Your Brain on Stories – Neurocinematics

Cinemaaustralia

What goes on in your head when you watch a movie goes deeper than you think.

Last night I was flipping through an old college notebook and came across this note from one of my Smith psych courses:

Romantic movie – 10% increase in progesterone

Fight scene – 30% increase in testosterone (for men with high level baseline)

Interesting, right? That the subject of a scene could change your physiology? Well, hold on to your seats, there’s more. A lot more.

Meet Neurocinema

Neurocinematics, a close cousin of neuromarketing, studies the brain and physiological activity of movie viewers in real-time through fMRI, EEG, eye-tracking, and galvanic skin response. According to Kevin Randall the studios aren’t talking, but neuromarketing firms have revealed a little about what their clients are using it for now (optimizing movie trailers, vetting scripts, and helping to select cast) and what they speculate neurocinematics will be used for in the near future. Just one radical idea posits that movies in the future may be dynamic – personalized and changing on the fly based on the viewer response. Your very own movie experience based on how your brain and body is responding.

Let’s learn a little more about how neurocinematics works, and what better way to do that than with a little movie? Grab your popcorn.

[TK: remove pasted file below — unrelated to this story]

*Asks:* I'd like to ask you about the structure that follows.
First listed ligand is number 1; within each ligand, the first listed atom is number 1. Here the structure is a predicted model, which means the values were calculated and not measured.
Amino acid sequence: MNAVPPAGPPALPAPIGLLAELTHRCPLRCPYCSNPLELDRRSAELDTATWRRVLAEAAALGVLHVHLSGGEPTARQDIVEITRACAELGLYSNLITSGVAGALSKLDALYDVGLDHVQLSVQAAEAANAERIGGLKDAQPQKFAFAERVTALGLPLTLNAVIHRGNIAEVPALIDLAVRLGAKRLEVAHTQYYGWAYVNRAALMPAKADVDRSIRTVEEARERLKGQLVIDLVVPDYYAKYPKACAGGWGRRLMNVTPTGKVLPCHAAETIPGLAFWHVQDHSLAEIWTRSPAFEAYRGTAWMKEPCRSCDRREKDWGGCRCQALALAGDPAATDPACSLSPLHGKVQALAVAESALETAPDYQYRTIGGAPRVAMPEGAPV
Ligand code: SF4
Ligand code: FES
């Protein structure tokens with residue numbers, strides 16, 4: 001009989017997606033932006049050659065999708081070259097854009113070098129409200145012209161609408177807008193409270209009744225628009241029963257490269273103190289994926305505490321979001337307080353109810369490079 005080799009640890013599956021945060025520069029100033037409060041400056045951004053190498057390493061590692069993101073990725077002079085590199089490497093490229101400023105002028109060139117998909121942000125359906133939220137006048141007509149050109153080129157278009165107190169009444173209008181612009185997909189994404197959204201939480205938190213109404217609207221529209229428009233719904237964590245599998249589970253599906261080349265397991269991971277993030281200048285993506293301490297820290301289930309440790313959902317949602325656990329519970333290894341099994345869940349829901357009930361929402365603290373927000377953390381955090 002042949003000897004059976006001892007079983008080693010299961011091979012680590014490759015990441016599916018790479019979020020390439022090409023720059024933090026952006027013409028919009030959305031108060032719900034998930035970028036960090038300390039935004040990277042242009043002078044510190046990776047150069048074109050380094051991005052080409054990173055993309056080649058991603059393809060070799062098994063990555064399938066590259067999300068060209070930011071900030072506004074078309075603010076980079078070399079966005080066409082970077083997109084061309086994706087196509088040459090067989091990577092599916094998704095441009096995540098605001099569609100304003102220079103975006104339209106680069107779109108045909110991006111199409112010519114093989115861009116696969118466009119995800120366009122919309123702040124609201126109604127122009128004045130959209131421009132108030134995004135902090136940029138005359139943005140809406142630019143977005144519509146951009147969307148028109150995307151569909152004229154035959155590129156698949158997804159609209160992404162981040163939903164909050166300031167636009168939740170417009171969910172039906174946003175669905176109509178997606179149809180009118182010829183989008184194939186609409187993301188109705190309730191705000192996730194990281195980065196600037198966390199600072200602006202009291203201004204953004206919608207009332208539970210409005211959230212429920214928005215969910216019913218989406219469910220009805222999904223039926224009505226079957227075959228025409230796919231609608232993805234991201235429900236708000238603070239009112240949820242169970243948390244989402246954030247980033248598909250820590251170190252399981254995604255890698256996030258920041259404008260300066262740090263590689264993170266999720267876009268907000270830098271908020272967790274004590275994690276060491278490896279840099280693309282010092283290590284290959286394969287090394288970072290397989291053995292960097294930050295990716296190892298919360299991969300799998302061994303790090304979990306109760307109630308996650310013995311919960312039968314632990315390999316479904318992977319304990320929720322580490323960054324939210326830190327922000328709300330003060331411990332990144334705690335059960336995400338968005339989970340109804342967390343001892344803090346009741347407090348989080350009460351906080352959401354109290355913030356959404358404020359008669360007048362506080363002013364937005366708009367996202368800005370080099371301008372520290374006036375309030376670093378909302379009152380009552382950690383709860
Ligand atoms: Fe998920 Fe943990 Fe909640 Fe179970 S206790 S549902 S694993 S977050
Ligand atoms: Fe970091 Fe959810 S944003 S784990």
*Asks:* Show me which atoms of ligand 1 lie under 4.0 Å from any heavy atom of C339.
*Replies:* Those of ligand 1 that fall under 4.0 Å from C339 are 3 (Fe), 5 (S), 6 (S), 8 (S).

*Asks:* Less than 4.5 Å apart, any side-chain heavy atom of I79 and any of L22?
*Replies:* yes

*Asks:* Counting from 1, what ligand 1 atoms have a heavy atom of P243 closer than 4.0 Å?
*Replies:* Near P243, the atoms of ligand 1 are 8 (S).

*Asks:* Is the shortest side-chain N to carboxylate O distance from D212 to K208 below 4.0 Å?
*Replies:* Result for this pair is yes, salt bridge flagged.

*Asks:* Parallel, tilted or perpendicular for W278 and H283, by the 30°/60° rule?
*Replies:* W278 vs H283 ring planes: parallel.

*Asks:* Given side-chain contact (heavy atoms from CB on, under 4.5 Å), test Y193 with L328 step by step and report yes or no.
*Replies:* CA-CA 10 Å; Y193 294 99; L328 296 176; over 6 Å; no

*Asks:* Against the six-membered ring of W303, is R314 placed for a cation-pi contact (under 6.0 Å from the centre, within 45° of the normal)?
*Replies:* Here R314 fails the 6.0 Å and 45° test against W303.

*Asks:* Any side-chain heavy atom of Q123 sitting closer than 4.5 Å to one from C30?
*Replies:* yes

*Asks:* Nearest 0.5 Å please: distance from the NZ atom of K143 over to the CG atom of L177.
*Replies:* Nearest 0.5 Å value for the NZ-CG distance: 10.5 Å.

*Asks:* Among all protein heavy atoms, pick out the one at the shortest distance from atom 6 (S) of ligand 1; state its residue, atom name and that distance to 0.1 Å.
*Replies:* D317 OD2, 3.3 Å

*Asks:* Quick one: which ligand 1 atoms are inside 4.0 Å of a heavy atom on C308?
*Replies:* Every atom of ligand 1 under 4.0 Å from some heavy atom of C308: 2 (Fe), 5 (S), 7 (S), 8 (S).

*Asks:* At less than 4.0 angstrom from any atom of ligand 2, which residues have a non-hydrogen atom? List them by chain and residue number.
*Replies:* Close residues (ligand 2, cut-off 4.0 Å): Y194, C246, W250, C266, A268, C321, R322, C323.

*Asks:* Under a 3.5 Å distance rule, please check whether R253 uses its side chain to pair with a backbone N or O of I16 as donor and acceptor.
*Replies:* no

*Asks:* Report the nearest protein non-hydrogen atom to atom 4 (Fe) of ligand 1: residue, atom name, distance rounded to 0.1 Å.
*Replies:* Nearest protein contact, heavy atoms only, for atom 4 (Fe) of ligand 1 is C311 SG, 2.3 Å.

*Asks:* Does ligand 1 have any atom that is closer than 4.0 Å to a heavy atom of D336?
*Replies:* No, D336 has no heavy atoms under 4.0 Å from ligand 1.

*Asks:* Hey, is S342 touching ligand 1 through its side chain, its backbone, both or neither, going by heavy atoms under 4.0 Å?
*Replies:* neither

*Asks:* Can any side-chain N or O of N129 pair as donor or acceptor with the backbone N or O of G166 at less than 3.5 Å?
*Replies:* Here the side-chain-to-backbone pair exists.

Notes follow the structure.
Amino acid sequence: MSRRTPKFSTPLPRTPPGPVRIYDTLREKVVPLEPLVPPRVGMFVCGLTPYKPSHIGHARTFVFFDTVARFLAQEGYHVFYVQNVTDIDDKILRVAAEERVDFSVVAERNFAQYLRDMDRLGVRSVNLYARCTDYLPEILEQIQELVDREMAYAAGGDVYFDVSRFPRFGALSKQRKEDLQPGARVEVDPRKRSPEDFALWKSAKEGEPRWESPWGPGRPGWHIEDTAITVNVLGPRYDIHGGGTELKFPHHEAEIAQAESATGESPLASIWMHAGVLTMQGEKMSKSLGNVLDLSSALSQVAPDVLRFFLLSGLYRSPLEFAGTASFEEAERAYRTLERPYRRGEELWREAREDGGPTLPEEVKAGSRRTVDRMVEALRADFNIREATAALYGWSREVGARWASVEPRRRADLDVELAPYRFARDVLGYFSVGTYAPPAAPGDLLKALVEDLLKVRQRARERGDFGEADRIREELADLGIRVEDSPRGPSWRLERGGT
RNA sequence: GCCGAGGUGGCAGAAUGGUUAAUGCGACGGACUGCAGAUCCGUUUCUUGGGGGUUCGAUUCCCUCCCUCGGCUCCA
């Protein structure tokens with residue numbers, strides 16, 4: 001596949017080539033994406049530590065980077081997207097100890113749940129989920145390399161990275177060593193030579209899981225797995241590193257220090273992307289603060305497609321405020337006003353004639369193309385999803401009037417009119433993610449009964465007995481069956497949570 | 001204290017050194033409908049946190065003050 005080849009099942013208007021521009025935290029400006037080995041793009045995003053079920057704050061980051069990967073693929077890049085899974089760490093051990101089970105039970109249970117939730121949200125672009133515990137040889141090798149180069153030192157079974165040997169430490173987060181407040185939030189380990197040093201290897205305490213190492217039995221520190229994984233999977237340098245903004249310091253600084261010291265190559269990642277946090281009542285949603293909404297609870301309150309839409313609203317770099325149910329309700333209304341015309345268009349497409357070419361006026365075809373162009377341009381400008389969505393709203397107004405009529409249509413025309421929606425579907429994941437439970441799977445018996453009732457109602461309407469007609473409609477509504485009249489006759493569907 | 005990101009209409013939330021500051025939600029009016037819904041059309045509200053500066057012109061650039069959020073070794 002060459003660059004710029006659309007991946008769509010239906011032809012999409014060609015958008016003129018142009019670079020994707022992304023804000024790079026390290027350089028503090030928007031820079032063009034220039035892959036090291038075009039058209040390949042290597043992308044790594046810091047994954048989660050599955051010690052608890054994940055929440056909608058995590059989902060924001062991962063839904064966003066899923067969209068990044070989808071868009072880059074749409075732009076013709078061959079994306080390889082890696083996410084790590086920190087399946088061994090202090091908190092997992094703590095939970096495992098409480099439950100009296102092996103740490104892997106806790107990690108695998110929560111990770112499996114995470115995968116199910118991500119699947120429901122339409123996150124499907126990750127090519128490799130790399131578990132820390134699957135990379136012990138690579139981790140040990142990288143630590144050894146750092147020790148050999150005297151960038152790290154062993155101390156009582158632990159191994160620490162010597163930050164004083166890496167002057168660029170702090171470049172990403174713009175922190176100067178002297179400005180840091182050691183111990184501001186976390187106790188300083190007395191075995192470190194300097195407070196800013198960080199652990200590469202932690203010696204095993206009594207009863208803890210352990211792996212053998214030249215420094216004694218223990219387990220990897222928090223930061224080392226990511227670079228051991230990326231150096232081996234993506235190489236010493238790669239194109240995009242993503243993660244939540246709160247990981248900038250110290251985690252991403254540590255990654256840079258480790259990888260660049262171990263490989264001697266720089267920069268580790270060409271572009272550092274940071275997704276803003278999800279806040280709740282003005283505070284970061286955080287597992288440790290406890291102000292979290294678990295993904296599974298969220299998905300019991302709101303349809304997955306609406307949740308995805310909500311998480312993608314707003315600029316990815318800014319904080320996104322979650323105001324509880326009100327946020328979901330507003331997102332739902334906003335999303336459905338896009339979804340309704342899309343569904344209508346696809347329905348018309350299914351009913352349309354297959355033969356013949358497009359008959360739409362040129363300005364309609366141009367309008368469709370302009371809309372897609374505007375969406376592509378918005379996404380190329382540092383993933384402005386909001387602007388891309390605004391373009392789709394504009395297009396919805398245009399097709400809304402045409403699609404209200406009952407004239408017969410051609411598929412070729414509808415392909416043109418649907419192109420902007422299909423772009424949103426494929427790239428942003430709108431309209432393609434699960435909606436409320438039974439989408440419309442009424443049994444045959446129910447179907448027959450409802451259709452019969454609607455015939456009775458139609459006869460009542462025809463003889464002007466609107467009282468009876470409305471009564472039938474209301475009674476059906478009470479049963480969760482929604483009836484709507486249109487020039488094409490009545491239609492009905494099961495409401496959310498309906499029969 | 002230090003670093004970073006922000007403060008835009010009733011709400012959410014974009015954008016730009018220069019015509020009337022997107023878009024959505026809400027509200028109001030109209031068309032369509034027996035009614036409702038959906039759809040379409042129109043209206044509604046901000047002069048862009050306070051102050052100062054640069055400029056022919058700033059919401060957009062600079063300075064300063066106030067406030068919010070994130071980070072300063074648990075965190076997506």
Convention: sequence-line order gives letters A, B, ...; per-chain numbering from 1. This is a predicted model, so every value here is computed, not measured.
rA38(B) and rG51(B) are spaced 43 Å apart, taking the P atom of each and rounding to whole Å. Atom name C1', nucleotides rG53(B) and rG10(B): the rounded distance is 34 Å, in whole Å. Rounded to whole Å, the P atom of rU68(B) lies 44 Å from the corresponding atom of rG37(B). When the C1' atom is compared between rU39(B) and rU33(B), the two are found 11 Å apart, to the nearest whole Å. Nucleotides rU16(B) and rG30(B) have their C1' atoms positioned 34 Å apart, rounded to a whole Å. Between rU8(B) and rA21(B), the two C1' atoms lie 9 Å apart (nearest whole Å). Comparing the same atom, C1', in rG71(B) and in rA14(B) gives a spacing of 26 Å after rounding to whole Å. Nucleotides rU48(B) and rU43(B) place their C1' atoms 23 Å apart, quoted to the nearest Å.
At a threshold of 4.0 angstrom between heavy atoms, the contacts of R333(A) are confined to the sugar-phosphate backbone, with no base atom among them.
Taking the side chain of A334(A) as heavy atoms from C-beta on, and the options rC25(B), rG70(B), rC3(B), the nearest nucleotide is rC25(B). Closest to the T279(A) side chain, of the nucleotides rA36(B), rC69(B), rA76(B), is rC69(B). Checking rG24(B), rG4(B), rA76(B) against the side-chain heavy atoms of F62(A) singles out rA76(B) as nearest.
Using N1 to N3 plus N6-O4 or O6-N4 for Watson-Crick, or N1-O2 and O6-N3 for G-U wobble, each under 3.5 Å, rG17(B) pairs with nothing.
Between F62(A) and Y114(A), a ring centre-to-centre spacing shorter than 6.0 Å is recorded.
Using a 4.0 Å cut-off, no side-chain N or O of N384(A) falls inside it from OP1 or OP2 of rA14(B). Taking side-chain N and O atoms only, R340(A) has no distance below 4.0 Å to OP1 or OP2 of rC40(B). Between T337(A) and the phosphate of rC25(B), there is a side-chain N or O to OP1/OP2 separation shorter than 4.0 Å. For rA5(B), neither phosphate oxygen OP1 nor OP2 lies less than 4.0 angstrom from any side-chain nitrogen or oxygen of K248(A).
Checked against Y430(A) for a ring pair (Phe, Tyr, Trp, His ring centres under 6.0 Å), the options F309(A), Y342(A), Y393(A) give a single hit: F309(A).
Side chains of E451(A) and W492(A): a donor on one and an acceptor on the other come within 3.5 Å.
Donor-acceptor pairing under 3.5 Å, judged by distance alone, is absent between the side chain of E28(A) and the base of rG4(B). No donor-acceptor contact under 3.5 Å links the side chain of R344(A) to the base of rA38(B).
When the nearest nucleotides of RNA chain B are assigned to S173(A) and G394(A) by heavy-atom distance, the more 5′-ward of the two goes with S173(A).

All very sci-fi and bleeding cutting edge and all that, but what can neurocinematics teach us about why stories are so compelling and important in the human experience, and why does it matter?

As the Technology Changes, the Stories Stay the Same

It’s interesting to note that as technology advances, one of the first things we do is create stories with it. Stories have a long history, of course. Cave drawings, dance, song, epic poetry, plays, the printing press, radio, television, cinema, blogs, YouTube, 3-D…the list, as you know, is endless. Why is it that stories have played such a central role throughout our entire history? Is it to teach and learn? To express ourselves? To entertain and be entertained? To experience a unified mind? Theories overlap and conflict, but I suspect that as we learn about how the brain processes stories we’ll see that these things are not separate at all. That learning and entertainment and drama and emotions and making sense of our own minds are all interlinked.  We’ve already learned, contrary to what we thought previously, that we can’t make a decision with logic alone.